At the same time, he recalled that at first the peasant and indigenous organizations did not perceive the full magnitude of the danger posed by the production of agrofuels, but that they have now fully identified what this means and how it aims to further oppress peasant and indigenous peoples. to solve the serious problems that the central capitalist countries are going through, which is also done with intensive media manipulation: we are going to take care of the environment, we are not going to pollute, they are less harmful fuels, etc., hiding that it is an energy policy that will bring peoples to the brink of extermination. This manipulation is one more deception for the peasantry, because many will think that it is a way out of the poverty they are in and the urban sectors will think that how the peasants oppose development, if biofuels are good for the environment and all that. .

Faced with these threats, he pointed out that the indigenous and peasant world must preserve their seeds, keeping them away from the privatization of life. The need to recover and claim traditional knowledge and the right to territories is an inseparable part of food sovereignty. Peasant and indigenous organizations face enormous challenges, because what is happening with the production of biofuels directly affects these populations, who are the first to be affected, although the effect will be negative for the entire society. Thus, for the panelist:

“Faced with these challenges, we have to make a commitment to defend the land, unmasking what is behind these projects and give a deep discussion about what the current model of energy consumption and production means in capitalism, in large cities and factories. What we want is to reverse the genocide that is intended with the land, we know what extensive monoculture means, Central America already suffers, South America suffers, in Chile Monsanto has already been because in their plans it is that Chile is the great producer of transgenic seeds, because all countries are assigned a part in this perverse picture. All this endangers both our life and biodiversity and the very life of planet Earth, that is why we have to be able to do great actions, we cannot stay in the fact that the fight is only against agrofuels, we have to fight for our own agenda which is food sovereignty, agrarian reform, the fight against savage capitalism that destroys our peoples ”, he pointed out.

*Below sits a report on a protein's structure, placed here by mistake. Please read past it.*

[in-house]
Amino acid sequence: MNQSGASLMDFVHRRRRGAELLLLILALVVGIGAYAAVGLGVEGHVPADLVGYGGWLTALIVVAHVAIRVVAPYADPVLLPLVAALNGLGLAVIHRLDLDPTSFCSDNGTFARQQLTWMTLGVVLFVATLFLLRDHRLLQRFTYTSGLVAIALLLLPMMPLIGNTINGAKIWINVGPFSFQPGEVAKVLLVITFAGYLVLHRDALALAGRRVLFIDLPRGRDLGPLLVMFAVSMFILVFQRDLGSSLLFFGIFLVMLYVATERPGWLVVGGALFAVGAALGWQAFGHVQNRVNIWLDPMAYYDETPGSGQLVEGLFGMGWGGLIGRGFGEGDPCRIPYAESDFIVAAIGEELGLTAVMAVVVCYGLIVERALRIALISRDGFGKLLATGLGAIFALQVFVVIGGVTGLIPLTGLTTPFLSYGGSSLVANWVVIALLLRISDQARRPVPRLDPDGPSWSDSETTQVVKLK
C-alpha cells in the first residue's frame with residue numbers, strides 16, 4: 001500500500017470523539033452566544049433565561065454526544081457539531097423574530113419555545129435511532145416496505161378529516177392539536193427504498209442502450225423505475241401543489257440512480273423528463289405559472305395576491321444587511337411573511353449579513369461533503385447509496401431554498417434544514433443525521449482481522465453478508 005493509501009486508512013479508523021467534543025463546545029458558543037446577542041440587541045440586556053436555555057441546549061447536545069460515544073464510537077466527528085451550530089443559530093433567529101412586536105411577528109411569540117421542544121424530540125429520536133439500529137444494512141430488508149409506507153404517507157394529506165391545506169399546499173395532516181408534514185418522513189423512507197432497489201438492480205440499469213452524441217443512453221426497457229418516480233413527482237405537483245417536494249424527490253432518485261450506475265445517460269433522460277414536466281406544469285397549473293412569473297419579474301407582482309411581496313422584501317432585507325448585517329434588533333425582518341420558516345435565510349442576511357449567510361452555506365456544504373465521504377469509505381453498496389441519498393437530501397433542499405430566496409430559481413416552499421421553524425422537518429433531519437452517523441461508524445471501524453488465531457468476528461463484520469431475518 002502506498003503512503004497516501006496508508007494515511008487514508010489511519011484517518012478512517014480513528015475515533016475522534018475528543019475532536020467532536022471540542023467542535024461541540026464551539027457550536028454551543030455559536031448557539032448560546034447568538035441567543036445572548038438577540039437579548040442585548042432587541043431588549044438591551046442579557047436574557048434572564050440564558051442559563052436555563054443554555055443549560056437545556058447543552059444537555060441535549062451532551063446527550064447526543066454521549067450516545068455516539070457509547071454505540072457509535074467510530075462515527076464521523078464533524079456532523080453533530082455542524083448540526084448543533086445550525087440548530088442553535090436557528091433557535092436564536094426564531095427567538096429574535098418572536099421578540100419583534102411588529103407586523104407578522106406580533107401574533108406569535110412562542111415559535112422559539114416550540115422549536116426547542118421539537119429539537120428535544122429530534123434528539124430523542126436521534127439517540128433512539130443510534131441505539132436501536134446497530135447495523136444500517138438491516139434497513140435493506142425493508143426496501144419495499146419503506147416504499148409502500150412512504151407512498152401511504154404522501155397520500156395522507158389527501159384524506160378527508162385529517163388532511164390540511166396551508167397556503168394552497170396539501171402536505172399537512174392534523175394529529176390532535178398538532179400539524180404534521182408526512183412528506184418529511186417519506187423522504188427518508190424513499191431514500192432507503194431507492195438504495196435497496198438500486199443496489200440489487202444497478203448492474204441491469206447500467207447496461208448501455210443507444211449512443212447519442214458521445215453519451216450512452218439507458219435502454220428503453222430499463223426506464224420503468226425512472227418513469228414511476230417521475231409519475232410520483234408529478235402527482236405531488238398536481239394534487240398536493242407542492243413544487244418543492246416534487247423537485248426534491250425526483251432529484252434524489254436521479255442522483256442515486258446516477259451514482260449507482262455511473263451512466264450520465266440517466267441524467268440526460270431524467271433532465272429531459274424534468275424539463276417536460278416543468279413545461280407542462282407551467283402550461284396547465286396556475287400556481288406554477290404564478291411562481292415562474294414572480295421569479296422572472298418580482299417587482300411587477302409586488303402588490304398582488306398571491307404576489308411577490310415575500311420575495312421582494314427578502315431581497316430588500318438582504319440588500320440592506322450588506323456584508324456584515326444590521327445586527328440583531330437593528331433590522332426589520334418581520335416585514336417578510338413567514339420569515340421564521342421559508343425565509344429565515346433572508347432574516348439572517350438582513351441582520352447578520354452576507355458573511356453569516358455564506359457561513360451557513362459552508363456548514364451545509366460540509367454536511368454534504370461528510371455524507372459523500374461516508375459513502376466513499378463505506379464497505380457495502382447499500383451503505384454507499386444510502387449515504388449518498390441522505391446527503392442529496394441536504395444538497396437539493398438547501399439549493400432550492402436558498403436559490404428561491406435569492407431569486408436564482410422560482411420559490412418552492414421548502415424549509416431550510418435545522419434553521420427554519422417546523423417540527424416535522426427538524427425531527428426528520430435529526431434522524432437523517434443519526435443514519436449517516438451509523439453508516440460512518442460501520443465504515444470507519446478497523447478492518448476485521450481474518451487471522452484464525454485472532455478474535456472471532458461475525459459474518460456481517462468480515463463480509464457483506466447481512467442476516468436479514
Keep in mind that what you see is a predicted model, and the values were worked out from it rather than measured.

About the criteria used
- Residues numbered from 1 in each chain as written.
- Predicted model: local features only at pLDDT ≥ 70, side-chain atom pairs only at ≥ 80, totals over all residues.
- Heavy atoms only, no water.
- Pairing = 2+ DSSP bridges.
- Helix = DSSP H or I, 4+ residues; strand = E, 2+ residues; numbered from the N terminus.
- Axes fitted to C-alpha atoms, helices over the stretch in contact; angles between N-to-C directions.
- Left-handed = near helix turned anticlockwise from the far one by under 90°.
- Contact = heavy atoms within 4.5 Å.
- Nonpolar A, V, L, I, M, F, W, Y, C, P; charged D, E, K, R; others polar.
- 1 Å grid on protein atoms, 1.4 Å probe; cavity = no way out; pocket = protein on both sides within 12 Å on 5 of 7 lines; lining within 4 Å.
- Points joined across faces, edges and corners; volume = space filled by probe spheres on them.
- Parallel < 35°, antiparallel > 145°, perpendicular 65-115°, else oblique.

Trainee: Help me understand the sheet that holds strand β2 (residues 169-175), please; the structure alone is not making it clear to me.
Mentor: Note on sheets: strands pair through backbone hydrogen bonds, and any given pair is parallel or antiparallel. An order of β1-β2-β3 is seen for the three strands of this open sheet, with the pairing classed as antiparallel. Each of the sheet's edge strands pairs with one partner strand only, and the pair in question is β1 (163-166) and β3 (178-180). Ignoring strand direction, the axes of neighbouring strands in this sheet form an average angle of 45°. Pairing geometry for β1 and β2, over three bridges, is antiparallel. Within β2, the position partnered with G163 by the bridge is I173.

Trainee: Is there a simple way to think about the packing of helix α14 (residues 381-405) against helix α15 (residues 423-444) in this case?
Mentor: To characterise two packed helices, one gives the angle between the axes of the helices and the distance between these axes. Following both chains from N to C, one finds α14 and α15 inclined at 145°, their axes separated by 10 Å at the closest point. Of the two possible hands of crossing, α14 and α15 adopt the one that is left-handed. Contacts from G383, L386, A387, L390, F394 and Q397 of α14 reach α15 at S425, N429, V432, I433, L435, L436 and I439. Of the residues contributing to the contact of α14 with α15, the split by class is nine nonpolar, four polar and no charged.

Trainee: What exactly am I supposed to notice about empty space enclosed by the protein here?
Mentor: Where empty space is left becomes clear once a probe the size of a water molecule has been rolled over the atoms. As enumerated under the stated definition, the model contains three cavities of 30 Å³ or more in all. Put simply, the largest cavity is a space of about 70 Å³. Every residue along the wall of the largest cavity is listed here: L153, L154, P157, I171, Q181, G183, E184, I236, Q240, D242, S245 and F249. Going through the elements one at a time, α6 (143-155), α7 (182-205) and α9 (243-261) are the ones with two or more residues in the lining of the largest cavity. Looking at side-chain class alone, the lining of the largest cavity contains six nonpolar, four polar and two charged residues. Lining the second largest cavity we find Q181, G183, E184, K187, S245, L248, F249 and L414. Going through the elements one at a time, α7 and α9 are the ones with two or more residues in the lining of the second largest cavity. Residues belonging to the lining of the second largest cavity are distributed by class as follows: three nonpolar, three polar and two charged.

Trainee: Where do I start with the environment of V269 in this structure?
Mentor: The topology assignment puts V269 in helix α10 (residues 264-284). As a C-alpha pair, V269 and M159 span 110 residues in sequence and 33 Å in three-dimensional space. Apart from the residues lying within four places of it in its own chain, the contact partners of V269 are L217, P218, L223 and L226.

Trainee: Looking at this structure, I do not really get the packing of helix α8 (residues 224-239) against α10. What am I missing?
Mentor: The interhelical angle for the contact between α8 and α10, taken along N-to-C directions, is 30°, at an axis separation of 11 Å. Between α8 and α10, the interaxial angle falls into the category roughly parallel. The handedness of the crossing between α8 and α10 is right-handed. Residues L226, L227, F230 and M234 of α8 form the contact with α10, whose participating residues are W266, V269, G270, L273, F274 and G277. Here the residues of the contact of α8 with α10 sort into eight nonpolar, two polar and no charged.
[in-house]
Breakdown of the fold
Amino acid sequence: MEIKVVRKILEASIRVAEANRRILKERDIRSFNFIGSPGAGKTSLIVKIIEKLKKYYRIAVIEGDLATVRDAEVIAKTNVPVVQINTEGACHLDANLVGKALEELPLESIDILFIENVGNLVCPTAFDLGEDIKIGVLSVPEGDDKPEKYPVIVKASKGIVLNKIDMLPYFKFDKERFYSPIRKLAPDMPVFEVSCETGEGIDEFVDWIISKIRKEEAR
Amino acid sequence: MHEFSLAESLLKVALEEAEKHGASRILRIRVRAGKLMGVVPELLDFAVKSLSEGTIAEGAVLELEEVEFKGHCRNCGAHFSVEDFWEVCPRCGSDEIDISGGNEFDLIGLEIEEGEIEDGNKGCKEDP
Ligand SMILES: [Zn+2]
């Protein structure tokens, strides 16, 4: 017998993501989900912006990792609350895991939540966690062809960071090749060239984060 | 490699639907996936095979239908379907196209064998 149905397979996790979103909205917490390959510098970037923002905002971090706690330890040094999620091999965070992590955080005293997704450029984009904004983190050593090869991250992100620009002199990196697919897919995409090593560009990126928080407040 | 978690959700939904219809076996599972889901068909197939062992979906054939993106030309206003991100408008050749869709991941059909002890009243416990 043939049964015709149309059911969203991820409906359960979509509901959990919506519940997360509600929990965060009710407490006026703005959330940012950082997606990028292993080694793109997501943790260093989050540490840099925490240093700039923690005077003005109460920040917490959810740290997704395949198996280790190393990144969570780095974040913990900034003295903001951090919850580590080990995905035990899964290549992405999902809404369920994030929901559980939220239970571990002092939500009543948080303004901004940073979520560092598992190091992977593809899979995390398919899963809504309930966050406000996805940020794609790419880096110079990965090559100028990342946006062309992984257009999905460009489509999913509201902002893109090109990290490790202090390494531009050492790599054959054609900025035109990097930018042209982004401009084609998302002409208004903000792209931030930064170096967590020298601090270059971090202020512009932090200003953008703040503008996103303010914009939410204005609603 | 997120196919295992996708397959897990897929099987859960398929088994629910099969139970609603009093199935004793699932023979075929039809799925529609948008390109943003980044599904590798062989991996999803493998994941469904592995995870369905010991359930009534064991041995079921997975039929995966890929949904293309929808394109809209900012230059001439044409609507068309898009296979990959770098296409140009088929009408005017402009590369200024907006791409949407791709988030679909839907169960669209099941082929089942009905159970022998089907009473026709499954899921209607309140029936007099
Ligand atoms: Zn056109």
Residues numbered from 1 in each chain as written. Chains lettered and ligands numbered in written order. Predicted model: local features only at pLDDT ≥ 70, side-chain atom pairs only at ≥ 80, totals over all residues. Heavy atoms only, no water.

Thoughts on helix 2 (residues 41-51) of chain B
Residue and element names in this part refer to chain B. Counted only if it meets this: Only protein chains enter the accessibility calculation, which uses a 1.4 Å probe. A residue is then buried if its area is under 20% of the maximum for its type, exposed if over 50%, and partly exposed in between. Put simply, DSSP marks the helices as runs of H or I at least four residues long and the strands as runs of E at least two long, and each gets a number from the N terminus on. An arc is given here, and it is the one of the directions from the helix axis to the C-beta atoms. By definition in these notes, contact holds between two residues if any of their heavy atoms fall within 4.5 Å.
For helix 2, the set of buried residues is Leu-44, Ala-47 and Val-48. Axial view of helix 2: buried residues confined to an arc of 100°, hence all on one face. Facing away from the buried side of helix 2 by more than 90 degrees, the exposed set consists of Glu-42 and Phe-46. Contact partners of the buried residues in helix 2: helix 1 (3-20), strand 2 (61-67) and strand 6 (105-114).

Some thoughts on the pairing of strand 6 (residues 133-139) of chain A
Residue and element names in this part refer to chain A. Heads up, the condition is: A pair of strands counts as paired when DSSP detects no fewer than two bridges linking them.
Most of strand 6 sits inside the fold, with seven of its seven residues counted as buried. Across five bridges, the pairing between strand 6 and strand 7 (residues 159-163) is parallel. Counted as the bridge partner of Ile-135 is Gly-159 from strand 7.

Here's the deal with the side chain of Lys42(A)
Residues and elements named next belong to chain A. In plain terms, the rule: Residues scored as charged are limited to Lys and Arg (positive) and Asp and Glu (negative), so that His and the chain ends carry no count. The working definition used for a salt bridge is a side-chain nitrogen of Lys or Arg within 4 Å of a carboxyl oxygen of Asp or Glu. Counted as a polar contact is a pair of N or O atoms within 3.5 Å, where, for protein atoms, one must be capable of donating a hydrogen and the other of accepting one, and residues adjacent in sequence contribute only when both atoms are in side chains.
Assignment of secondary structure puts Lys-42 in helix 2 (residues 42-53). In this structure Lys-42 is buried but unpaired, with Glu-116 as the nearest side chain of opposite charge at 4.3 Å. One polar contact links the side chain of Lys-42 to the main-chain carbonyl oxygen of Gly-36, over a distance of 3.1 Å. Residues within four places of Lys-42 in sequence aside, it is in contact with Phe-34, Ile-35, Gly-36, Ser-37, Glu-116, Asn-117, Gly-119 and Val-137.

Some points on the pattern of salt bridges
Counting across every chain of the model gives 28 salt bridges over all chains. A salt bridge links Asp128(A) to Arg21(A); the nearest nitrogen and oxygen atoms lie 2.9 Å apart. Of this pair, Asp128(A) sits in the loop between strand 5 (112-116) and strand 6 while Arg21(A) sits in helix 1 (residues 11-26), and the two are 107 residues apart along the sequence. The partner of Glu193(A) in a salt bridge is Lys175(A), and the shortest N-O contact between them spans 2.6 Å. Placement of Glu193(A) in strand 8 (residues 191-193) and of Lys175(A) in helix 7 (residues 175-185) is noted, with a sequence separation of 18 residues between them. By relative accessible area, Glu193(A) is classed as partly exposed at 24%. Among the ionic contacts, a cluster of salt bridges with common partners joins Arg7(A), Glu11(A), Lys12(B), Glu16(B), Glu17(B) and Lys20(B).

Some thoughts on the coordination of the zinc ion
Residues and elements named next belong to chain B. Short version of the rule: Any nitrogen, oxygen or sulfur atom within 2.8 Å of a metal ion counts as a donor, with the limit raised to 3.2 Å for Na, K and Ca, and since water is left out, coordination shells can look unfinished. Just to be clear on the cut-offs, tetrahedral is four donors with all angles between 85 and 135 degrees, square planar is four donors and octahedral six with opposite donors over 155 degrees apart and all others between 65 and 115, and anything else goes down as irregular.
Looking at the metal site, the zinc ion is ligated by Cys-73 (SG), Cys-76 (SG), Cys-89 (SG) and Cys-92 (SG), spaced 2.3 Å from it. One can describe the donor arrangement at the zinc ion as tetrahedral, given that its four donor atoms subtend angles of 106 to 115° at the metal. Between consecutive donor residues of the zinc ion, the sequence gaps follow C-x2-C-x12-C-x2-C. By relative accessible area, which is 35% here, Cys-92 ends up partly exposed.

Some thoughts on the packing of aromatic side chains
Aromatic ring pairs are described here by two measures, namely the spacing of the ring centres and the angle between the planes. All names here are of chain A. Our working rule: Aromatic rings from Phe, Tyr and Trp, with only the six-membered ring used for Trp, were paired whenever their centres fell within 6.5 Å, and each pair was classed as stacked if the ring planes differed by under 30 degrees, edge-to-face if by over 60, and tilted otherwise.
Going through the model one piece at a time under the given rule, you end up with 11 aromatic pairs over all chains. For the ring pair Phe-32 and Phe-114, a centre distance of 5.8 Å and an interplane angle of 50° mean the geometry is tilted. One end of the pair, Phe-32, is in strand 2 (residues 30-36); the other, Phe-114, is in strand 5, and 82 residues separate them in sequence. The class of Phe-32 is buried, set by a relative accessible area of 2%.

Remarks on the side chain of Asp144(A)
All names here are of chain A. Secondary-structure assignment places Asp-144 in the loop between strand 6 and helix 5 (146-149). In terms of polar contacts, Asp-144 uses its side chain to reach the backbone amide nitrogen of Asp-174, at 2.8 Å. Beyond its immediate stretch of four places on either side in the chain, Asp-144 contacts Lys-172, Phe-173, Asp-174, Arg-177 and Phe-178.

The avalanche of "green imperialism"

This "green imperialism", which is dressed in the guise of concern for the environment and global warming, hides a perverse reality due to its environmental, cultural and social implications, as we have indicated. "Let us remember that in relation to agrofuels, their base is biomass and for this we must control the land, water and all natural resources, agricultural areas around the world are those that are subjected to a wild dispute to subject them to the production of these fuels, ”said Horacio Martins.


Martins made extensive reference to the current situation in Brazil in terms of ethanol production and the projections for the next 25 years, since for the panelist, what is happening in his country will mark the path that many other countries in our country will follow. continent. Brazil is now experiencing a fierce dispute for control of some 150 million cultivable hectares in the Amazon, which would be dedicated exclusively to the cultivation of various types of plantations for the production of ethanol or biodiesel.

The FAO estimates that within the next 15 to 20 years, biofuels will supply 25% of the world's energy consumption, that is why Brazil is a territory disputed by large capitals, let's see some data: world ethanol production for 2006 is controlled between Brazil and the United States because between them they produce 60% of the world total. It is estimated that in 2010 70 billion liters of ethanol will be produced, production that will go mainly to the United States since this country has more than 40% of the world's cars and, at the same time, is not willing to assume in its own territory the production of the grains (corn, for example) necessary for the production of that volume of ethanol, so that the burden will fall on Brazil. The trend towards mass consumption of ethanol mixed with fossil fuels is clear: the United States, Japan and Europe will increasingly import millions of liters of ethanol, in the United States by 2030 ethanol will be mixed up to 30% with fossil fuels And what that means is that production must be taken from the current 58 billion liters to 260 billion liters, which represents a colossal waste of resources and food that will be used to fill the tanks, not the stomachs of the persons.